Home » Google Concludes March Spam Update, Core Update Still in Progress

Google Concludes March Spam Update, Core Update Still in Progress

by david@dmomktg.com
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Google has wrapped up its March spam update, aimed at curtailing the exploitation of AI-generated content and authority. The core update, which now includes “Helpful Content” guidelines within its algorithm, is still unfolding.

Content creators and website managers are advised to hold off on significant alterations to their sites until the core update is fully implemented, as it could lead to changes in their search rankings.

The spam update, announced by Google on March 5 alongside a core update, took approximately two weeks to roll out completely. Its focus was to address the challenges associated with the mass production of content, the improper use of expired domains, and the manipulation of site authority.

The ongoing core update, embedding “Helpful Content” standards into Google’s algorithm, is in progress and expected to integrate fully over the next month.

Completion of the Spam Update

Google confirmed the end of the spam update rollout on March 20 at 6:09 AM PDT, through an update on Google’s Search Status Dashboard.

This latest update introduced three specific measures against the scaling of content abuse, the misuse of expired domains, and site reputation manipulation.

While the first two measures were immediately implemented, the enforcement of the site reputation manipulation measure is set to begin in May.

Observations and Impact Post-Update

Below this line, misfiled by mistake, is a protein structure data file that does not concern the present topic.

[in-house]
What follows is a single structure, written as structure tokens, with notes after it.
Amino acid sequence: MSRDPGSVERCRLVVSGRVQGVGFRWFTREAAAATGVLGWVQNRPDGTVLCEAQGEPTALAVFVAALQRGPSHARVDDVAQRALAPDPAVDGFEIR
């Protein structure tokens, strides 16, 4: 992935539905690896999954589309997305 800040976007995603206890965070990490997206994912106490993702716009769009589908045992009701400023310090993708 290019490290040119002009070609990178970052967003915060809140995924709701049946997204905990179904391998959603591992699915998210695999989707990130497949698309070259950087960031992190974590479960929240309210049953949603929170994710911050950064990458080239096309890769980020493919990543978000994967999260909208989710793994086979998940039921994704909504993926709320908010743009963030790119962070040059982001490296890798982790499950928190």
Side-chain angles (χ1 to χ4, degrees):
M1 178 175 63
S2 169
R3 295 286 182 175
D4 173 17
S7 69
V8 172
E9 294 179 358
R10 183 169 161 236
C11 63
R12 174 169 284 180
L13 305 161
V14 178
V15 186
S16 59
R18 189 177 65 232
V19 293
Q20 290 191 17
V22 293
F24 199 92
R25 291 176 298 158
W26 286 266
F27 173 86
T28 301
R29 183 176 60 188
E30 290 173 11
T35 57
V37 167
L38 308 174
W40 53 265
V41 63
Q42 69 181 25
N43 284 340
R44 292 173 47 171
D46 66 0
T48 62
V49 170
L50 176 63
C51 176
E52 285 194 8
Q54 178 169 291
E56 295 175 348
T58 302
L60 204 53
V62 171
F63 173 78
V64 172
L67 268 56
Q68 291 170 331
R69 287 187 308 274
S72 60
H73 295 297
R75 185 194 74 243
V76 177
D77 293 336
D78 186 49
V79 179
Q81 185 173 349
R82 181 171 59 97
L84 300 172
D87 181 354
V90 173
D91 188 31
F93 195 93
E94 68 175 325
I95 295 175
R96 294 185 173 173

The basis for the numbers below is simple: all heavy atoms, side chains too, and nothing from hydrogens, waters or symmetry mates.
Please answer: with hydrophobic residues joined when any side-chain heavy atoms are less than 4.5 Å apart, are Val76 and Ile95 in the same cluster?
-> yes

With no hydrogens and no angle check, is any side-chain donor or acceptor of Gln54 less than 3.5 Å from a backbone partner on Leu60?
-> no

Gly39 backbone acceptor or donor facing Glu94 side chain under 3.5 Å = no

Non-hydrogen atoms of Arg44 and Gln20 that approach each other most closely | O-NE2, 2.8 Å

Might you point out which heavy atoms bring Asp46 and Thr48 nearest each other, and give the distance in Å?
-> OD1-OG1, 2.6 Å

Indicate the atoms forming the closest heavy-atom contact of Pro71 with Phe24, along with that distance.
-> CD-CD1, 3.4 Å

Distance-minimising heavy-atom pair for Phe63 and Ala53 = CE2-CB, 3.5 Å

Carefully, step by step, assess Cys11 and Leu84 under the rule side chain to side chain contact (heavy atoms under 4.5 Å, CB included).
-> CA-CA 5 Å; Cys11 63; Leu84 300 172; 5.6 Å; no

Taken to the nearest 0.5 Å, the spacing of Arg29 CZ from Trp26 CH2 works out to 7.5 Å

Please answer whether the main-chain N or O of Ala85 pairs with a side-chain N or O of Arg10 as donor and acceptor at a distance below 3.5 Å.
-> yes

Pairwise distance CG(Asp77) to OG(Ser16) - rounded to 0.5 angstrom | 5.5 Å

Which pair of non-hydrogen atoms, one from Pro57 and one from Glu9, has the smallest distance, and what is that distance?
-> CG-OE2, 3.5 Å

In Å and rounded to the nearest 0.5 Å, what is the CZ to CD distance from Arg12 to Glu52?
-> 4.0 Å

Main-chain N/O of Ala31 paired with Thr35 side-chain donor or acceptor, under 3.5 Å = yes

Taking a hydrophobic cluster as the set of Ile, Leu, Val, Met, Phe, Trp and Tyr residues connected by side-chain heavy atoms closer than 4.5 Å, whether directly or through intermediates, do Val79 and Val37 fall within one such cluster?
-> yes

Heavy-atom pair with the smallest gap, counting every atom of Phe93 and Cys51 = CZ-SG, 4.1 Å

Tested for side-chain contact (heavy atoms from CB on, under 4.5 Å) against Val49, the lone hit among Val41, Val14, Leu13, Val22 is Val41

Following the spam update, there is now a clearer picture of the search results landscape, enabling publishers and SEO experts to gauge the impact.

Preliminary data from SISTRIX indicated significant shifts across various domains, with some being entirely removed from Google’s search index.

Subsequent to the introduction of these new spam measures, Google has taken manual actions against sites exhibiting blatant spam, notably those extensively using AI for content creation, according to a report by Originality.ai.

These manual actions, which are distinct from algorithmic adjustments, are executed by Google’s review team and are indicated through notifications in the Search Console. It’s possible for a site to be affected by both a manual action and an algorithmic update simultaneously.

Ongoing Core Update

With the spam update complete, attention now turns to the ongoing core update. This update, significant for incorporating “Helpful Content” into the core algorithm, necessitates patience from SEO specialists and content creators as it completes its course over the coming weeks.

Danny Sullivan of Google has recommended awaiting the full implementation of the core update before undertaking major website adjustments in reaction to ranking shifts, emphasizing the importance of producing authentic, high-quality content that meets the needs of your audience.

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